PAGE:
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Toughness and tactics

by Staff Writer / Montréal Canadiens

MONTREAL – The kind of team toughness the Canadiens are looking for goes well beyond a focus on physical play.

With the arrival of Brad Staubitz, the Canadiens clearly added a new level of physicality to the their lineup. Thursday night against the Wild, they’ll be aiming to bring that concept of team toughness full-circle, doing everything that doesn’t always come easy; from going into the hard areas and looking for greasy goals to sacrificing for the good of the group.

Brad Staubitz on his first game vs. his former team

“We ended up with 24 shots in our last game. For me, we had room for 10 maybe 15 ‘nothing’ shots that we should have taken but we didn’t,” expressed Randy Cunneyworth of his team’s need to sacrifice more “perfect scoring opportunities” for gittier goals.

“By ‘nothing’ shots, I mean the ones from the tough angles. You take them knowing the goalie is going to save them, but he may kick out a rebound – and that’s the one you want. That’s what we want to see a little more frequently,” added Cunneyworth just before taking part in his 33rd outing an NHL head coach. “Like I said, we had 24 shots – we should have had at least 34. A few of those might have resulted in a goal, maybe even two.”

Following a practice that ended with Cunneyworth and Lars Eller having a chat near center ice, the young Dane shared that the message from his head coach had been a simple one.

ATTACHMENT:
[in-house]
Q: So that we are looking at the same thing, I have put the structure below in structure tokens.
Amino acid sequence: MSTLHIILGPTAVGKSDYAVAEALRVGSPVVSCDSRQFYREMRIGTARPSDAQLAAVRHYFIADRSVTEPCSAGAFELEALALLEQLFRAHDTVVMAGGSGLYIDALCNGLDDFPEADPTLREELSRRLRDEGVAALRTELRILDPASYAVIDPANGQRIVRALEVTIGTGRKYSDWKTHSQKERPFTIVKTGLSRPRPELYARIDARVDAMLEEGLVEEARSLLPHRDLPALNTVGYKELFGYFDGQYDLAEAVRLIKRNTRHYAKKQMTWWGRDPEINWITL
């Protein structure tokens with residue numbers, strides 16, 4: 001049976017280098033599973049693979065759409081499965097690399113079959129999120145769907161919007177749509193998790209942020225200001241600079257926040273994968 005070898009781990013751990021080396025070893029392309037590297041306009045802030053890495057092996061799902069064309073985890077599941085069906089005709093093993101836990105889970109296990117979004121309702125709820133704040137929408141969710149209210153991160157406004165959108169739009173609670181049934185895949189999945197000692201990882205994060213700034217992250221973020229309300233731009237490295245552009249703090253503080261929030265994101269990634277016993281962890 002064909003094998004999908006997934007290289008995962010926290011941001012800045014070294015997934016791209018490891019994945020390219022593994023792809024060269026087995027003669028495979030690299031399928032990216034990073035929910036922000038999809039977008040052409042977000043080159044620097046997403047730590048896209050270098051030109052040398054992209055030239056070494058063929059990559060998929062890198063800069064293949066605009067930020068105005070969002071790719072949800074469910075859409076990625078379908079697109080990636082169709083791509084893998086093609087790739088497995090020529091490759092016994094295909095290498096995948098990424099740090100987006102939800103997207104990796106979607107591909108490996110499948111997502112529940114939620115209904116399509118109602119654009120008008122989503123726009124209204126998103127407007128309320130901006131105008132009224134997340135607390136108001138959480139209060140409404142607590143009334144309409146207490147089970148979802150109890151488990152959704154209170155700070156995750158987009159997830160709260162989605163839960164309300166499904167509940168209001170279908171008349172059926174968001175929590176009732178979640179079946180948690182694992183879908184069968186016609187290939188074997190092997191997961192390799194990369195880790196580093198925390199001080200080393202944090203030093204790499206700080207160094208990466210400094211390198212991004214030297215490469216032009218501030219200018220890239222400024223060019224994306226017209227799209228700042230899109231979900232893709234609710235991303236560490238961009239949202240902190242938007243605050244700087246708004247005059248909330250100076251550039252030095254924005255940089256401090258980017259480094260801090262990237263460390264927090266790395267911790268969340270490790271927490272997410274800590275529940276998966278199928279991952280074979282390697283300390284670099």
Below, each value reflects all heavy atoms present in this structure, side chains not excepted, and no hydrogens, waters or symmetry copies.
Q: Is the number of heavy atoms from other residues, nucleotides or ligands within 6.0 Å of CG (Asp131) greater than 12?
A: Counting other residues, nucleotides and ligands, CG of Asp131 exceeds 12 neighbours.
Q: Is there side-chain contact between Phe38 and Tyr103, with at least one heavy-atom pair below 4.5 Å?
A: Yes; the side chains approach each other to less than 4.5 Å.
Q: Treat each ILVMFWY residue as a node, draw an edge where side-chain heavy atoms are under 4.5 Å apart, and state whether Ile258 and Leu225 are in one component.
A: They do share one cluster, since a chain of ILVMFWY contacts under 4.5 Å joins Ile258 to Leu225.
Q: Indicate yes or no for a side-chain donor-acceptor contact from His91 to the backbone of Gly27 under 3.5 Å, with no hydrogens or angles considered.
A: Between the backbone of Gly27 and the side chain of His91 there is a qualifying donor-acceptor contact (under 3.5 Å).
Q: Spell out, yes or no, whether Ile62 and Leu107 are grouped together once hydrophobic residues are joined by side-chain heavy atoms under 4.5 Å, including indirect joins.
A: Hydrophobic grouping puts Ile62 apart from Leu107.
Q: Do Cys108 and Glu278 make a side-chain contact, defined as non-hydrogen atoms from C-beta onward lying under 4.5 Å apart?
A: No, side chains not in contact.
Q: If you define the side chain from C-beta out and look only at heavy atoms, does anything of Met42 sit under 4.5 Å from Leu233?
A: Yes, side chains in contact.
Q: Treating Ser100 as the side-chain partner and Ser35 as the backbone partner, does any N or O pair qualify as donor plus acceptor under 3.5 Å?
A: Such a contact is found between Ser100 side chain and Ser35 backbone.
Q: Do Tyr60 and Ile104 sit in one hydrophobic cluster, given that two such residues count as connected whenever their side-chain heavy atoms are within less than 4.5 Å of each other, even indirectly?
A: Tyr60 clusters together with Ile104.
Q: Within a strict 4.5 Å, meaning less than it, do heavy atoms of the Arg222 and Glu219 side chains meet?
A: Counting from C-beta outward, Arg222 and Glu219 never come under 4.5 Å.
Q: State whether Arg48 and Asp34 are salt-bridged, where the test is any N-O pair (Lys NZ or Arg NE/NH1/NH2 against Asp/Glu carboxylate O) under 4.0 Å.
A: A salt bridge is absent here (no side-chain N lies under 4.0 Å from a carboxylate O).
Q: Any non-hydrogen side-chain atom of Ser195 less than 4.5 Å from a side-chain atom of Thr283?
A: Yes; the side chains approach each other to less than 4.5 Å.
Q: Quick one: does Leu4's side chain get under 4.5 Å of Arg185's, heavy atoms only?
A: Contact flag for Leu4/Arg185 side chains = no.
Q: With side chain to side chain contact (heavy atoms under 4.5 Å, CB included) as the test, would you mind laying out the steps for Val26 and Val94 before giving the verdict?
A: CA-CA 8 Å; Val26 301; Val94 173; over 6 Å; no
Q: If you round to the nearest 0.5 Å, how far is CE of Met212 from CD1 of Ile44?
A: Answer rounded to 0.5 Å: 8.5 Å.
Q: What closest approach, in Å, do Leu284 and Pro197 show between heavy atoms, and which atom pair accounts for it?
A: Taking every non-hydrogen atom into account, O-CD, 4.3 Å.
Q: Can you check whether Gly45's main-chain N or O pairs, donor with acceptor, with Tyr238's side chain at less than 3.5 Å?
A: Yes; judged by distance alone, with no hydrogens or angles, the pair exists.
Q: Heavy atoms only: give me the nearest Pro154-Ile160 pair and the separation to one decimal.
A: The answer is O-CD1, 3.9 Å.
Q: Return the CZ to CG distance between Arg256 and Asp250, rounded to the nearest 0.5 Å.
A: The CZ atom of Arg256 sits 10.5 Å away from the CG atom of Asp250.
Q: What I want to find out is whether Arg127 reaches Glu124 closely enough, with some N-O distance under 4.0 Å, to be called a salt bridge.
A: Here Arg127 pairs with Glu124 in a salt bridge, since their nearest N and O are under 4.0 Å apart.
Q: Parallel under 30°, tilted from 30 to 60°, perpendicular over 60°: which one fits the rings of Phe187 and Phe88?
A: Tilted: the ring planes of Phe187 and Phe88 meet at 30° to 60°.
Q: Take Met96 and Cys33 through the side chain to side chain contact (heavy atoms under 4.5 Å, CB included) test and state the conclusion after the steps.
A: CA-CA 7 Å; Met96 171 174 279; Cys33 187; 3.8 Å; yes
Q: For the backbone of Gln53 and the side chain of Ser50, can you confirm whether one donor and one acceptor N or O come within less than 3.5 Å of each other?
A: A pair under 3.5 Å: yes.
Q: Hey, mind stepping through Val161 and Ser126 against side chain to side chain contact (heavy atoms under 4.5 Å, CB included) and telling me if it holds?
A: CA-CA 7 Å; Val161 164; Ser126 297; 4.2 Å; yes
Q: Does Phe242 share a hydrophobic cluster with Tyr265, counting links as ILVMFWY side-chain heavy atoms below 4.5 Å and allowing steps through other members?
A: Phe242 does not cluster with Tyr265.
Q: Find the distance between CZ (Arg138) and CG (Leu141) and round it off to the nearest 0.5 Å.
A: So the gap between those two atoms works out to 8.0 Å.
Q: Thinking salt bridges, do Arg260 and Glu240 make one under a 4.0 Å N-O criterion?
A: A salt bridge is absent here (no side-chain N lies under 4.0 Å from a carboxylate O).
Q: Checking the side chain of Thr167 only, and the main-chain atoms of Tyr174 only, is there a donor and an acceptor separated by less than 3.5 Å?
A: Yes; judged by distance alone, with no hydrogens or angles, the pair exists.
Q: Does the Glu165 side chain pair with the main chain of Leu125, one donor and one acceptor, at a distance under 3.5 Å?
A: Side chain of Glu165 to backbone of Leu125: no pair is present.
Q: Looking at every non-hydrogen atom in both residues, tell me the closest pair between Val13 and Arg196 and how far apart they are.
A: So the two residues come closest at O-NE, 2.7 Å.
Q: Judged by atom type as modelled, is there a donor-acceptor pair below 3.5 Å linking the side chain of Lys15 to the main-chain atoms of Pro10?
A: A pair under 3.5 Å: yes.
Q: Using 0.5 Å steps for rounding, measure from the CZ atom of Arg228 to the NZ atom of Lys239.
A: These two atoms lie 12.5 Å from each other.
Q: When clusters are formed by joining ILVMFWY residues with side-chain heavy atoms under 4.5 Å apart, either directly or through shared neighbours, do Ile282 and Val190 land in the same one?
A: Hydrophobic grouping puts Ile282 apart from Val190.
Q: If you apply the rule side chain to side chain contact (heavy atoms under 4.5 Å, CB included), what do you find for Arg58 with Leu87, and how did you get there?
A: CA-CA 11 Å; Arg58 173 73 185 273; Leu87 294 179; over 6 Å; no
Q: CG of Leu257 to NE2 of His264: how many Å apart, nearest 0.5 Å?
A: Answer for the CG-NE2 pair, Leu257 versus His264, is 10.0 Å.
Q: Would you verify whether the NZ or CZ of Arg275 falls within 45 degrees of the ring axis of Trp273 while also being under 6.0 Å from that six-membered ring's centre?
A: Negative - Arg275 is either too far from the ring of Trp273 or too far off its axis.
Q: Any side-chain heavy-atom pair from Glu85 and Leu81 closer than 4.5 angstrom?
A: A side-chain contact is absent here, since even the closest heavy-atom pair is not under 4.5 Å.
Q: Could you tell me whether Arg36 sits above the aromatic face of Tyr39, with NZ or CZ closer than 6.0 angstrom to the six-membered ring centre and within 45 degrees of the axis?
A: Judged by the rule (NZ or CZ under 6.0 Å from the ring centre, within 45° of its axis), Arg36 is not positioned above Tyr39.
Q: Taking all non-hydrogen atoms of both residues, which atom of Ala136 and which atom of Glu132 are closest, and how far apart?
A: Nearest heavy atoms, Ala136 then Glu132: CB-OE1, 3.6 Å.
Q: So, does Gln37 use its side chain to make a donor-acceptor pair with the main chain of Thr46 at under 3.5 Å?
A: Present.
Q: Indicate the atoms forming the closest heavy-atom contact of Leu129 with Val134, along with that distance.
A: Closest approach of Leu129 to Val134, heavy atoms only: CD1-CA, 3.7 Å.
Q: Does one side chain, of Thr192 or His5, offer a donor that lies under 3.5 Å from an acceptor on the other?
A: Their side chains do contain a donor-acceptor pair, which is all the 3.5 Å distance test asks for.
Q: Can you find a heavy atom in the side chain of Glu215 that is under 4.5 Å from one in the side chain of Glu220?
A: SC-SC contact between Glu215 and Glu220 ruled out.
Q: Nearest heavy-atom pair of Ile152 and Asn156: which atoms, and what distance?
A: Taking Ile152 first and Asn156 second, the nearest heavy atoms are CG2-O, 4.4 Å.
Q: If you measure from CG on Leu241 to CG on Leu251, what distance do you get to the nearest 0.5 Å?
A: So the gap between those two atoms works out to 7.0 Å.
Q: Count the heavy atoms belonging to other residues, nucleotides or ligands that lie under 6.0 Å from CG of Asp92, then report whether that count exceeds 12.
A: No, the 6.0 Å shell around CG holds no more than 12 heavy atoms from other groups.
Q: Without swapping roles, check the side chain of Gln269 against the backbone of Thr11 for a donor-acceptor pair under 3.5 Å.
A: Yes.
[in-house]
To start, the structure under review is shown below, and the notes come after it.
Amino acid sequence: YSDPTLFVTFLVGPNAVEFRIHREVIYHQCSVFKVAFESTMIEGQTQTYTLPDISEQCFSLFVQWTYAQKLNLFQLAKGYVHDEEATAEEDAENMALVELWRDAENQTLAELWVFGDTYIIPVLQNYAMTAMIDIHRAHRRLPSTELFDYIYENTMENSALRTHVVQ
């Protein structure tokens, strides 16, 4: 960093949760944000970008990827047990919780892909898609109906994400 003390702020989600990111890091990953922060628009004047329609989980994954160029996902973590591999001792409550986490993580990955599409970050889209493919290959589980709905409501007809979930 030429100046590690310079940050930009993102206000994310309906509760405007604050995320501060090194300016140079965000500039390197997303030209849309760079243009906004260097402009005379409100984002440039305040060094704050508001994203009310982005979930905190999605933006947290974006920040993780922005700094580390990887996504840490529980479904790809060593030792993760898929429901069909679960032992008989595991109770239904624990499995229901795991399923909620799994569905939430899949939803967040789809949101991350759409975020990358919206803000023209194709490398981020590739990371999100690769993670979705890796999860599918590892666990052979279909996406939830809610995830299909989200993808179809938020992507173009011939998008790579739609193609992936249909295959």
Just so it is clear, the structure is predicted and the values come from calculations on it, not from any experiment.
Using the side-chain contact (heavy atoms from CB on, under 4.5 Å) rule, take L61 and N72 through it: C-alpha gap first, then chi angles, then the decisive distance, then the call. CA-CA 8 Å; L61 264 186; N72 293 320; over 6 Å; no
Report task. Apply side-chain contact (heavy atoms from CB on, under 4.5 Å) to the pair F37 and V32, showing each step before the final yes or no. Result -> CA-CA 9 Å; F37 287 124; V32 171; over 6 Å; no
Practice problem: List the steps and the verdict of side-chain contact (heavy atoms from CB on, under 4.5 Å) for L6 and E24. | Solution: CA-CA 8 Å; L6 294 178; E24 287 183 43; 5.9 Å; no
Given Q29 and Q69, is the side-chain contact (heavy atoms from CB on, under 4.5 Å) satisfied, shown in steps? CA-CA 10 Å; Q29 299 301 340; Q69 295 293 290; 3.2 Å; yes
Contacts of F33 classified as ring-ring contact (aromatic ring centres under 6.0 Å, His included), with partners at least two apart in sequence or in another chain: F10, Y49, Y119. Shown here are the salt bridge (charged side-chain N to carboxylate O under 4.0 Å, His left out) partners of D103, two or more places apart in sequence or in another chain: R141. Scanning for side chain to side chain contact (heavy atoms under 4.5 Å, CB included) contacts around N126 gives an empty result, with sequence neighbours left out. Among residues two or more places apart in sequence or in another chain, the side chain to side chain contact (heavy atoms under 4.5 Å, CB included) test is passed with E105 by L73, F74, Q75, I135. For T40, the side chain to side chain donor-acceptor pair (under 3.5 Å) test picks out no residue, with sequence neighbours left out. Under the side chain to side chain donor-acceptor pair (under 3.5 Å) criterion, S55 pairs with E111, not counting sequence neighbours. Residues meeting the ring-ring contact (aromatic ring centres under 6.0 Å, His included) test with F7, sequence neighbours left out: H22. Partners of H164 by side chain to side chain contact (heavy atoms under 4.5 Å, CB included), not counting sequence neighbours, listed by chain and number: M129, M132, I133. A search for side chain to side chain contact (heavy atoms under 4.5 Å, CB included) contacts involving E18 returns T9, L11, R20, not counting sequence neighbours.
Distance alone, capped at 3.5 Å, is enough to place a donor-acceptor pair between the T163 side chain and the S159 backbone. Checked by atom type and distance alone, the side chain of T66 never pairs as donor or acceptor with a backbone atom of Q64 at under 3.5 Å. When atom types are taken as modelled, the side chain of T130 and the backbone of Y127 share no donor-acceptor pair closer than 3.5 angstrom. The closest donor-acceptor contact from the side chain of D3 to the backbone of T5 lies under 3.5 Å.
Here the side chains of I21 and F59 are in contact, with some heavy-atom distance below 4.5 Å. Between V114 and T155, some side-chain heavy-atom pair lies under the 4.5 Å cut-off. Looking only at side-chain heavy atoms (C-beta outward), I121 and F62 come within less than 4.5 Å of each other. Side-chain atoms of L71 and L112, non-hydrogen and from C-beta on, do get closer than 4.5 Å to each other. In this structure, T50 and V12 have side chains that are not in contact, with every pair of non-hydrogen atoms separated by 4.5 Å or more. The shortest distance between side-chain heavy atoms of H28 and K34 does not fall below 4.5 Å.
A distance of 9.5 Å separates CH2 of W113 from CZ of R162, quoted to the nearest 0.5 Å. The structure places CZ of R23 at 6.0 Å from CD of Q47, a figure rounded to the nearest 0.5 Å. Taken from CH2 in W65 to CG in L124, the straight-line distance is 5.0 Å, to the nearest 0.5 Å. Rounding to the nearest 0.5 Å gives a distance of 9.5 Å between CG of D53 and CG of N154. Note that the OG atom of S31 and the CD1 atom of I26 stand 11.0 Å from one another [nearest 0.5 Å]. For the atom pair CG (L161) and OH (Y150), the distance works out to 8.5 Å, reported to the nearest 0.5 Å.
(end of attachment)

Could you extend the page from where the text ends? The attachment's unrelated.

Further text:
“90, 95 percent isn’t enough to win, and the thing is, you see it a lot of times in games because we’re not getting blown out – we’re losing by only a goal, or they’re adding the empty netter. You have to give your best effort to win and that’s what we’re working on,” explained Eller of the fact that a little bit of extra push can often go a long way. In 2011-12, the Canadiens have already played 28 games that have been decided by a single goal.

“He expects to us be better as a team, as lines, and as individuals. I don’t think it was a bad effort in Tampa, but everybody can give that extra notch,” admitted Eller. “I remember that when you’re a winning team – like a lot of times last year – you maybe don’t always have to play at your best to win. When you’re down here, the way we are now, you have to be at your best to win games.”

Thanks to the current parity around the league, the idea of simplification and gritty play equaling success clearly isn’t specific to the Habs. As P.K. Subban pointed out: these days, that’s just what it takes to win.

“The way the NHL is right now, it’s crazy how few spectacular goals are being scored. Other than Malkin, there aren’t too many guys getting high-voltage goals right now. Everyone seems to be scoring in more-or-less the same way,” explained the Habs’ most used skater this season, averaging 23:49 of ice time per game. “When you look at the highlights after a game, you’re seeing a lot of dirty goals going in. You have to be willing to go into the spots where you know you’re going to get hit. You have to be willing to take those low shots off shin pads or shoulders to try and get a good rebound. Those are chances you only get from working hard and being in the right places.”

According to Cunneyworth, that’s precisely the effort he’ll be expecting his team to produce Thursday night in front of the home crowd.

“You have to put everything to have into every game,” stressed the head coach. “Putting your body in harm's way, sacrificing yourself for your teammates, doing the right things – that’s what makes for exciting hockey.”

Justin Fragapane is a writer for

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